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Adaptive Coping of Older Caregiving Spouses
Vol. 34, No. 5 (September 1989), pp. 415-420
Published by: Oxford University Press
Stable URL: http://www.jstor.org/stable/23715368
Page Count: 6
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Differences in coping and subjective well-being among spousal caregivers and noncaregivers was explored. Coping strategies that have been identified as effective in the general population were examined for their usefulness in the caregiving context. The participants, who were 77 older persons, were examined in three contexts: (1) caring for a mentally impaired spouse, (2) caring for a physically impaired spouse, and (3) interacting with a nonimpaired spouse. As expected, noncaregivers had a higher level of well-being than caregivers. Caregivers of the mentally impaired sought more social support and engaged in more wishful thinking than did the other two groups. How ever, these coping strategies did not significantly affect their well-being. Furthermore, problem-solving coping was not significantly related to well-being. These findings challenge the value of social support and problem solving as effective strategies for caregivers, and they highlight the need for further study of caregiving.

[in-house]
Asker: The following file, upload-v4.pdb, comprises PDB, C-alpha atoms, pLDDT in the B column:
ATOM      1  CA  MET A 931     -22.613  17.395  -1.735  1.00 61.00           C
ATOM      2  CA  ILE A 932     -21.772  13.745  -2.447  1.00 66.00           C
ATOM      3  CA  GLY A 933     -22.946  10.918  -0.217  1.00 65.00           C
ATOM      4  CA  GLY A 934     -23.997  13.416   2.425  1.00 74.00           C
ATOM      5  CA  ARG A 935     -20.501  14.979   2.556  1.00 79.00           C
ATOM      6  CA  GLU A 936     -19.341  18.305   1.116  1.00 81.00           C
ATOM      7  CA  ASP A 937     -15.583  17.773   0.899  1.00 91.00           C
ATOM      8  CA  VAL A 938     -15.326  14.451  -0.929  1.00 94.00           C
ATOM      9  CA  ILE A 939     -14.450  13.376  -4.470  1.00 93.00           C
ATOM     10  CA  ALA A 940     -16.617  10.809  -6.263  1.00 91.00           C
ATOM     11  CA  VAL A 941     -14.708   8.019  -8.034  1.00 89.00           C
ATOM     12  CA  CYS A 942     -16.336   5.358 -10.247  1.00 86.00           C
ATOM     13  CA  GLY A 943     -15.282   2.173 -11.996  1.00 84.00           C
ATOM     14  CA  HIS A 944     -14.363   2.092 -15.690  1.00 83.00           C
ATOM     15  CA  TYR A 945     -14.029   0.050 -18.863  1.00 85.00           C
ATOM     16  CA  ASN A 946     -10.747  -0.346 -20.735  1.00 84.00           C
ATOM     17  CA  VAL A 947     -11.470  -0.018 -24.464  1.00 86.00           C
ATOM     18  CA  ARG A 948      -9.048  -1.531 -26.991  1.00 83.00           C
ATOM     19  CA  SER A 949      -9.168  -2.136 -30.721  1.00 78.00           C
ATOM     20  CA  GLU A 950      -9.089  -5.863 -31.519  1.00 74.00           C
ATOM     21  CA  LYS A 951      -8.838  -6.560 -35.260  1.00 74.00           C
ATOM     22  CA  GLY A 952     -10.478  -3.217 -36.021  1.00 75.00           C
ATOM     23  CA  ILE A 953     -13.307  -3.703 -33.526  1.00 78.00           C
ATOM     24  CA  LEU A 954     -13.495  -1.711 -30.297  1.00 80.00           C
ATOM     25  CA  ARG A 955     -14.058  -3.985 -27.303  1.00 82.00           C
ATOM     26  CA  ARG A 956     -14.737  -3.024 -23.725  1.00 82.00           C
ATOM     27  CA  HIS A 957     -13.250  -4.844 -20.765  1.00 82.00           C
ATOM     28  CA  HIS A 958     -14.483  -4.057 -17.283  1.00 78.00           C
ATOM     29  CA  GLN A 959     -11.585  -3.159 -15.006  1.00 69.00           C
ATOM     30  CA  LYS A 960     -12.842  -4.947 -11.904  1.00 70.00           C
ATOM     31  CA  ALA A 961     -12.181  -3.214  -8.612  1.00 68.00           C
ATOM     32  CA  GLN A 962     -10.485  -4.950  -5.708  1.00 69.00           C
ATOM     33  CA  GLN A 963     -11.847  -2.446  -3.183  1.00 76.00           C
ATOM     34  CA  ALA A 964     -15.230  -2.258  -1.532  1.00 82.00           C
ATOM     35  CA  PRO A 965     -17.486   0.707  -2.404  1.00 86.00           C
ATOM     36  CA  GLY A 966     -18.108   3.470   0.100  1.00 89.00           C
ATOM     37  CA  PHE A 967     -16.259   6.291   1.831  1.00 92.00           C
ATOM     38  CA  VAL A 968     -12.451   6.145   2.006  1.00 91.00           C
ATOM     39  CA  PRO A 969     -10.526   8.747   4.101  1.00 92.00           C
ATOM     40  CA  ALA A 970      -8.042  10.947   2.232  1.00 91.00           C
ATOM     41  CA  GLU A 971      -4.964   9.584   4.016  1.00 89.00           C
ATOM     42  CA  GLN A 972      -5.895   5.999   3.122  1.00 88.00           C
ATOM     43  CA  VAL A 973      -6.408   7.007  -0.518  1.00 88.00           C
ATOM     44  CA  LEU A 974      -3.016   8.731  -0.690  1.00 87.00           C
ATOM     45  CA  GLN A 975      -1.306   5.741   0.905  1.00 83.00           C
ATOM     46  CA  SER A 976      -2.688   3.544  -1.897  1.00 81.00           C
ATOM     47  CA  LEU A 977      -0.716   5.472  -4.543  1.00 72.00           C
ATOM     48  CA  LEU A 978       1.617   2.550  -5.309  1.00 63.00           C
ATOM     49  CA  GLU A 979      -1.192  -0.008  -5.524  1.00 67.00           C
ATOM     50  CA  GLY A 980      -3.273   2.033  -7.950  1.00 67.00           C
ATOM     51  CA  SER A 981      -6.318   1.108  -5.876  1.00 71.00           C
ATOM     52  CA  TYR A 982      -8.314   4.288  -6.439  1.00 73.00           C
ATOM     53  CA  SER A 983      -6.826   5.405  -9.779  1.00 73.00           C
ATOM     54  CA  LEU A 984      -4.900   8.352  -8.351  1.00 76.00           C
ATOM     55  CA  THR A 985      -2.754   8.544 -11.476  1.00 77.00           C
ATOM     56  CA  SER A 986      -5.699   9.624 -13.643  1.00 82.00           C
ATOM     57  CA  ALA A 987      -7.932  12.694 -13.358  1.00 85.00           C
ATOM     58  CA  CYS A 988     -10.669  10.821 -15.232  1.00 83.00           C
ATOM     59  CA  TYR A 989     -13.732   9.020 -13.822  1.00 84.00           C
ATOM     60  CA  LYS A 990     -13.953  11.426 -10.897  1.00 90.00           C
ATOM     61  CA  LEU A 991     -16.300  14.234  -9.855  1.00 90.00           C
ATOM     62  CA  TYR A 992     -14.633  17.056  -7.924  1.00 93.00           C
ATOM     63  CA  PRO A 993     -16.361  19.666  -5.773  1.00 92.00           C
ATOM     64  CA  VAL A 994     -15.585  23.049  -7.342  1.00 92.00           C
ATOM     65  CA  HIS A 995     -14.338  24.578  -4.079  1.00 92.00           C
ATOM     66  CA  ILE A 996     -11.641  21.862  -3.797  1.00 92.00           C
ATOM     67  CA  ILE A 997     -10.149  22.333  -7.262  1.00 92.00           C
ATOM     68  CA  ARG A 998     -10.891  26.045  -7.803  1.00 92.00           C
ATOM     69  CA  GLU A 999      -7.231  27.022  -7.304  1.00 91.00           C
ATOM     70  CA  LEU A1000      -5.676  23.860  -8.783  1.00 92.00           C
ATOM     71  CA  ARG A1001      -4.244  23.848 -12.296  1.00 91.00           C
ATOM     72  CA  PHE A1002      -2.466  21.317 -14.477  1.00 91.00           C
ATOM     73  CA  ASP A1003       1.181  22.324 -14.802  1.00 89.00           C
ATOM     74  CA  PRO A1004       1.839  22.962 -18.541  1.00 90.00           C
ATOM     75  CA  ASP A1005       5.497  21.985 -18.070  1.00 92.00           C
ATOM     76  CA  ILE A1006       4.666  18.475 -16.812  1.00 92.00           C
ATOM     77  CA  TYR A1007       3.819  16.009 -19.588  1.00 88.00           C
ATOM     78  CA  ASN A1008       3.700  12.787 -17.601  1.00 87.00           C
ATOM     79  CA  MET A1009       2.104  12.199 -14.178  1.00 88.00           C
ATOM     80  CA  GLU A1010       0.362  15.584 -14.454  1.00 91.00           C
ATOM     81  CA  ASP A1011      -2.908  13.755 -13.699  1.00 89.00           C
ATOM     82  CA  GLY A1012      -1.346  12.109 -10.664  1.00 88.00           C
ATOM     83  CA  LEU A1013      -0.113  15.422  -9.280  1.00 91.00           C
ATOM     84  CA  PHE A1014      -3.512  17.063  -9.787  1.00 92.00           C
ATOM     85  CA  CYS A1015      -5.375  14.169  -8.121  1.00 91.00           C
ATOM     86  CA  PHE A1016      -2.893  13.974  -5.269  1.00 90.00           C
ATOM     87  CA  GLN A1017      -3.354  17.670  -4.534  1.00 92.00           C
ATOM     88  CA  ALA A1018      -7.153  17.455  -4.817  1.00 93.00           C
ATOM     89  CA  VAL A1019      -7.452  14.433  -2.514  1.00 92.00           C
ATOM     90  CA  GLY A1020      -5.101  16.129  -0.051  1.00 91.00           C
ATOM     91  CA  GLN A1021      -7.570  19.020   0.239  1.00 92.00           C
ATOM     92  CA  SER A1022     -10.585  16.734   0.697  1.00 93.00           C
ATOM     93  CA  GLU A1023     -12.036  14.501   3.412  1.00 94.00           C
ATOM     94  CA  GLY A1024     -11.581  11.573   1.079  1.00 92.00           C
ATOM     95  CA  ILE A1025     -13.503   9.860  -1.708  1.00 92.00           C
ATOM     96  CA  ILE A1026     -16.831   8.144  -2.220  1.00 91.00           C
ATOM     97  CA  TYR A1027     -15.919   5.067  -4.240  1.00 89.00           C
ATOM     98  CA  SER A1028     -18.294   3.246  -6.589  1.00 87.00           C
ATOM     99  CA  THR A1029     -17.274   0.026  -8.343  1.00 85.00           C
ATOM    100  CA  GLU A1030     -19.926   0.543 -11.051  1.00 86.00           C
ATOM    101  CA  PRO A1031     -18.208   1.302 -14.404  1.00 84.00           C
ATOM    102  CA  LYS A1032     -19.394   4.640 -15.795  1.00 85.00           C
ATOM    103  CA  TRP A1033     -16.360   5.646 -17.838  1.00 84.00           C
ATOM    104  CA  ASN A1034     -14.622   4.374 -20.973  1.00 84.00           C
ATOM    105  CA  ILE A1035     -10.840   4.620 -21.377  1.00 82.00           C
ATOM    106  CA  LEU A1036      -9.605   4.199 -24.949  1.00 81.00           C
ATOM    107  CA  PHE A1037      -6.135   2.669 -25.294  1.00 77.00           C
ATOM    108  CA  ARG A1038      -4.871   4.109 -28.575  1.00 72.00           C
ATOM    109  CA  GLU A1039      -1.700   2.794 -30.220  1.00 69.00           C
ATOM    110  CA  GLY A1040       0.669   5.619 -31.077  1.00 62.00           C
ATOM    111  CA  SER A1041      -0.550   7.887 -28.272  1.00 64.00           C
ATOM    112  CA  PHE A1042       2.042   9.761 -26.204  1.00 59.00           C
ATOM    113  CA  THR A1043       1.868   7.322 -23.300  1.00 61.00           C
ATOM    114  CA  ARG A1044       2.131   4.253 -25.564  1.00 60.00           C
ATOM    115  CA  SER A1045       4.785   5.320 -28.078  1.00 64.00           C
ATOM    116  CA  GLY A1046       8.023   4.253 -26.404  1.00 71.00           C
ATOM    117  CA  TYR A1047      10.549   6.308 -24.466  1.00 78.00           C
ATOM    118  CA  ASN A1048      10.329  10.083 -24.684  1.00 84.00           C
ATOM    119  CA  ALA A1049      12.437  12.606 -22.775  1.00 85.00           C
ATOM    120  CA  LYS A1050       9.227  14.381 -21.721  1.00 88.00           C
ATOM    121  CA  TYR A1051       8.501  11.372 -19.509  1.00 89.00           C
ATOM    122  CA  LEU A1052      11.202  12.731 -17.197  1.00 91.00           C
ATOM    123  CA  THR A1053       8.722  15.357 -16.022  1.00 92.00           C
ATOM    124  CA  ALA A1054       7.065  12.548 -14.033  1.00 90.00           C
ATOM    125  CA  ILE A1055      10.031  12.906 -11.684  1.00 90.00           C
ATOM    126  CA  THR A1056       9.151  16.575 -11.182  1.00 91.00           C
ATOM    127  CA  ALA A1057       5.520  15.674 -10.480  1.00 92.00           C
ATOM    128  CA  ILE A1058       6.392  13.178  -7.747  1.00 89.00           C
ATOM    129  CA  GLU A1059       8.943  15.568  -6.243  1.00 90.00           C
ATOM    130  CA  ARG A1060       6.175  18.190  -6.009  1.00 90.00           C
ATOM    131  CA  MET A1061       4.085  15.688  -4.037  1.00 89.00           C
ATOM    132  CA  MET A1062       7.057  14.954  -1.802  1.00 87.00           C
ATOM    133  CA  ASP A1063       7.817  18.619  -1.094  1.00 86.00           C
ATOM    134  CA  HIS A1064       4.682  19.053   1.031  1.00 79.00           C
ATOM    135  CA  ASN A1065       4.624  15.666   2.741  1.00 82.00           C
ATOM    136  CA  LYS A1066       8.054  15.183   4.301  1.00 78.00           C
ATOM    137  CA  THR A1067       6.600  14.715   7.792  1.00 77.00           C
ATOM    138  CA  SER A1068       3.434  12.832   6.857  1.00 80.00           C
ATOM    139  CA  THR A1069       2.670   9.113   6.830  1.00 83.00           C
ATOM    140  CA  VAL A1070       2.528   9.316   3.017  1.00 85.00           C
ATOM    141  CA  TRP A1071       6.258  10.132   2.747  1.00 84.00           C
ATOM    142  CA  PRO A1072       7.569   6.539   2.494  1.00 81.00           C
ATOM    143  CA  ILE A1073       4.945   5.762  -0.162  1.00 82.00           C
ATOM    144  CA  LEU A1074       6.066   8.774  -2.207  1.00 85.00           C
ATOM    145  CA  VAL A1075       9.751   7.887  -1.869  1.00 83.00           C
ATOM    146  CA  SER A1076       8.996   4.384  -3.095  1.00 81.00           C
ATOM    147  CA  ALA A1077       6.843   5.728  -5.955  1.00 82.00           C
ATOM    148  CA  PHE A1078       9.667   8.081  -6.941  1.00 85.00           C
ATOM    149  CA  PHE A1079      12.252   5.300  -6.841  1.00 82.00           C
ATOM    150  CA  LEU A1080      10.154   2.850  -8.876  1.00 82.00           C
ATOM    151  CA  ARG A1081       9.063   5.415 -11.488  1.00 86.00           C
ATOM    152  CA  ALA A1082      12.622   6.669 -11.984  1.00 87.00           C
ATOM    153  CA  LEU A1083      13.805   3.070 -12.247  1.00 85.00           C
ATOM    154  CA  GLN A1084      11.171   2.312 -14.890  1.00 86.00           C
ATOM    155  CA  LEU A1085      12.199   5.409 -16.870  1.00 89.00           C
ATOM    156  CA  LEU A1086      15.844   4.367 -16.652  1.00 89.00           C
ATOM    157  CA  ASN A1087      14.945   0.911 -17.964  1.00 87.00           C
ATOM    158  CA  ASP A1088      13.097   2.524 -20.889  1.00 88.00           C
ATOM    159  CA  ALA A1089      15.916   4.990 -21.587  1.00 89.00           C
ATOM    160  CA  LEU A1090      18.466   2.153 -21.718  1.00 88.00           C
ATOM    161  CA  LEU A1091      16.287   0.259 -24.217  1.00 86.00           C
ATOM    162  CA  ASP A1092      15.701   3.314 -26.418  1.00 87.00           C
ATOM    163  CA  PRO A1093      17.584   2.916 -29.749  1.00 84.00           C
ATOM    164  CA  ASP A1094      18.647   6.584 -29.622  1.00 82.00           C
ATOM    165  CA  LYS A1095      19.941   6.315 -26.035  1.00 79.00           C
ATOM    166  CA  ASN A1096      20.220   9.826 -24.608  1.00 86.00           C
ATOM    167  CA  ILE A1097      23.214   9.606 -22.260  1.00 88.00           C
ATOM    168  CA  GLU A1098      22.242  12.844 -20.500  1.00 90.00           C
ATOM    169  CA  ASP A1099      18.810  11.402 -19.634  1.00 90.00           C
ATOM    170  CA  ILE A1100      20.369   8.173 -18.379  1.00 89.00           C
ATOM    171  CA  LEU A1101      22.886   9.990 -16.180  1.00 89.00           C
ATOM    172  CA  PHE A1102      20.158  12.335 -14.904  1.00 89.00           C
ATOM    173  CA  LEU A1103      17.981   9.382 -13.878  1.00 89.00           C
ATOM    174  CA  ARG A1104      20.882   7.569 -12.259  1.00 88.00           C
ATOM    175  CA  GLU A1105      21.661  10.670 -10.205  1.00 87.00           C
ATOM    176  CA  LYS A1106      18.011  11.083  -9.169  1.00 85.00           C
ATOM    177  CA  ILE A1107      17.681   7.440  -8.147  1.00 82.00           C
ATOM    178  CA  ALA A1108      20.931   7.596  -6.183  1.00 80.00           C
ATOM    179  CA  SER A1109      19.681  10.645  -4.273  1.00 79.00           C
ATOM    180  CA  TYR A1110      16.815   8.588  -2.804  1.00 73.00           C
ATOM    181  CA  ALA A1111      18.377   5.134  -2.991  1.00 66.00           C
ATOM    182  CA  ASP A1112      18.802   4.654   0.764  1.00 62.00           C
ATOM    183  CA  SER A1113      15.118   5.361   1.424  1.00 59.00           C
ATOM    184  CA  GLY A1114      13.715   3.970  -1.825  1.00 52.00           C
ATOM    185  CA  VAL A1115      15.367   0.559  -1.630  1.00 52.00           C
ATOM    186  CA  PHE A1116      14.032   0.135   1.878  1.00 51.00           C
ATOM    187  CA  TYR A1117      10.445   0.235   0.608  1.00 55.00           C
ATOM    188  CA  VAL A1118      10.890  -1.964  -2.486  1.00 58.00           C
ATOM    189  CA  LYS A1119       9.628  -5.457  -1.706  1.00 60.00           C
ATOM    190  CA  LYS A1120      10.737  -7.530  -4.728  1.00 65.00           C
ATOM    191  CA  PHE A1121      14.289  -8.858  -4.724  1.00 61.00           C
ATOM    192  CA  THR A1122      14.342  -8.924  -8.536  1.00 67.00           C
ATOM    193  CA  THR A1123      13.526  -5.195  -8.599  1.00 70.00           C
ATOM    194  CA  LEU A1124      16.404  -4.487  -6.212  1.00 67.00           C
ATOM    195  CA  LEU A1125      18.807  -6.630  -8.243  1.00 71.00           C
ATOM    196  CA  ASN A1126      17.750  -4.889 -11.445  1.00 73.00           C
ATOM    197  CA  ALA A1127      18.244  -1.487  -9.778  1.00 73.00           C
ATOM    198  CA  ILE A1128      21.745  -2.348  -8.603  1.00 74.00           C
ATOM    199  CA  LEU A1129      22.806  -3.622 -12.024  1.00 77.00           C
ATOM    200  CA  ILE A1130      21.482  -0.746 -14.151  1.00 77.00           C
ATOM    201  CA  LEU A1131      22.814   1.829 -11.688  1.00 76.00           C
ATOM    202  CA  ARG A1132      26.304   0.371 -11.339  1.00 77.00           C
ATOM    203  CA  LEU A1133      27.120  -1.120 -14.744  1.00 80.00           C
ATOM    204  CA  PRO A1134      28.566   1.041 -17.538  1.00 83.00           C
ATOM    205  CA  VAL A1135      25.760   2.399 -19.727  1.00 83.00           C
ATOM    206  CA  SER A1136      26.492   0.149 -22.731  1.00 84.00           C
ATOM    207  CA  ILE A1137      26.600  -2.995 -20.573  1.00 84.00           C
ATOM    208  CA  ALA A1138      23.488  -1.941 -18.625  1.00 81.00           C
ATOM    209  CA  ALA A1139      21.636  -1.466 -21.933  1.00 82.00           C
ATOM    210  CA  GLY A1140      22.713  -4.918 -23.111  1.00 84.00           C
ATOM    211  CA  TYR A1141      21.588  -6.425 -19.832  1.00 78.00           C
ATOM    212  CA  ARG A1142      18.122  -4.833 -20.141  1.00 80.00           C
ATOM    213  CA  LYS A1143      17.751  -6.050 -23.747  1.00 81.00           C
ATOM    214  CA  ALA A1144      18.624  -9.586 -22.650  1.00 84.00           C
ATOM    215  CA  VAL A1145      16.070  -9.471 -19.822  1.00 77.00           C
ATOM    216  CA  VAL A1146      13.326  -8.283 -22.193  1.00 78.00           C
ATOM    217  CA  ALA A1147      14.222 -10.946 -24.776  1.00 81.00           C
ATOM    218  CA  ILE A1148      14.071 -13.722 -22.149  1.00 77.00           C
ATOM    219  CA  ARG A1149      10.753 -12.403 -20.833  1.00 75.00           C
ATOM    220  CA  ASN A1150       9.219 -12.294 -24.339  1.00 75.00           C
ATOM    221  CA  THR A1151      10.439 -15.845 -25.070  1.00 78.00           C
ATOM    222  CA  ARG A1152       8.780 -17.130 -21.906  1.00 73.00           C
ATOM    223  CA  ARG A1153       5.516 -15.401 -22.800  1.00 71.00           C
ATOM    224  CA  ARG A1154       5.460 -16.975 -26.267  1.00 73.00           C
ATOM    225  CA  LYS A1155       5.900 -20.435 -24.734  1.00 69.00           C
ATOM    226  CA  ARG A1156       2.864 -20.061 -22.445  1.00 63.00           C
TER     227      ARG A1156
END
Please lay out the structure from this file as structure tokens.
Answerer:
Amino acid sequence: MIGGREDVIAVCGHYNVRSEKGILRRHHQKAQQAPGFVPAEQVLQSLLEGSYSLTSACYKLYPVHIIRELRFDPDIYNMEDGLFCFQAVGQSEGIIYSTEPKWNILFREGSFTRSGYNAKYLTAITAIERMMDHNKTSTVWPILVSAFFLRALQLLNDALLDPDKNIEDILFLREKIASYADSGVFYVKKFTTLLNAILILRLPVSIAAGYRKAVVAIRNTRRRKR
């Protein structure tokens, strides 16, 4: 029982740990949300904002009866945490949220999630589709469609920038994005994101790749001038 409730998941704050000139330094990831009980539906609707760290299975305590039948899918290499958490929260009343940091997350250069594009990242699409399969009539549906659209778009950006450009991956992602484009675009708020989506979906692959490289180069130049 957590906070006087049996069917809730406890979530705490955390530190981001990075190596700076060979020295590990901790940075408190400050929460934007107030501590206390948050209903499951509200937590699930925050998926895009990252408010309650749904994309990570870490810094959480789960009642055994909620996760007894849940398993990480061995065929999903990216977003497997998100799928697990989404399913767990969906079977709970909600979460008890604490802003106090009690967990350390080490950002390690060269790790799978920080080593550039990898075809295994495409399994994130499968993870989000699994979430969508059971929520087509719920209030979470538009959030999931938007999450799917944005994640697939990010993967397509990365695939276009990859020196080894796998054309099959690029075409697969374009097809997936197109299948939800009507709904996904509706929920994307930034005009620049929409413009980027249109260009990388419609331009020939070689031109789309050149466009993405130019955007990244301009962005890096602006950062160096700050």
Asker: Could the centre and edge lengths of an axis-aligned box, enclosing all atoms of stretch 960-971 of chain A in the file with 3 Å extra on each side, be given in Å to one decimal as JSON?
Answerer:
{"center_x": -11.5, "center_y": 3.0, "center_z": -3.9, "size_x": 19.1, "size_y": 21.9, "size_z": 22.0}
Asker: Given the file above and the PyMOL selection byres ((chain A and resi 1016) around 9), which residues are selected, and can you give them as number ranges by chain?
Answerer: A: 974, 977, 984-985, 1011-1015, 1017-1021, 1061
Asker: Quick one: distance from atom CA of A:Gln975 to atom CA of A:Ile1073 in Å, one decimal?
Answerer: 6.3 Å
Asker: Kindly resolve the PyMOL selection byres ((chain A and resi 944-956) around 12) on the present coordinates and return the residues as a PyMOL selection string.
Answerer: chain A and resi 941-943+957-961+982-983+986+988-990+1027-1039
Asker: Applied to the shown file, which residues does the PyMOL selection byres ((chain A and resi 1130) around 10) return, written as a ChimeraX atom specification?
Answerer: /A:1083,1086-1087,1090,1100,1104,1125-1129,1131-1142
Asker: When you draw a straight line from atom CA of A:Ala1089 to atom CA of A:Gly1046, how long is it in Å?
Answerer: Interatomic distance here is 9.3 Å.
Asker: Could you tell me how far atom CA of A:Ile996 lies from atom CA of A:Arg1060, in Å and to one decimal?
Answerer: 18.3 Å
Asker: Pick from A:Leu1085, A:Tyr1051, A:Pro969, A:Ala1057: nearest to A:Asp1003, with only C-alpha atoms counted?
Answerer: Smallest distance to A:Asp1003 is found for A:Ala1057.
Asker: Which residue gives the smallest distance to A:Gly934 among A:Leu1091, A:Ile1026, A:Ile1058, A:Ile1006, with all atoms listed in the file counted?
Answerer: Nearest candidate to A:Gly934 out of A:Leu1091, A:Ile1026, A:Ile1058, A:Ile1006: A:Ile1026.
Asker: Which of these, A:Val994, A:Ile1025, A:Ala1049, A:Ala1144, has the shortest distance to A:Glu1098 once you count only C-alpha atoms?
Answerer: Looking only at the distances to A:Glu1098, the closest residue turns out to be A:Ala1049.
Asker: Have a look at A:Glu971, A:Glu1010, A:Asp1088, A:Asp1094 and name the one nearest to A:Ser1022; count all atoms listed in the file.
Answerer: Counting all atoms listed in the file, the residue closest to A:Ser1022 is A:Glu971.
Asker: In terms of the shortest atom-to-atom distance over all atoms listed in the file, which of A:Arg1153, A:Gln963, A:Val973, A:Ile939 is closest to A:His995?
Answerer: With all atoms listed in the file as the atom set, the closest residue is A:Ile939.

Social Work © 1989 Oxford University Press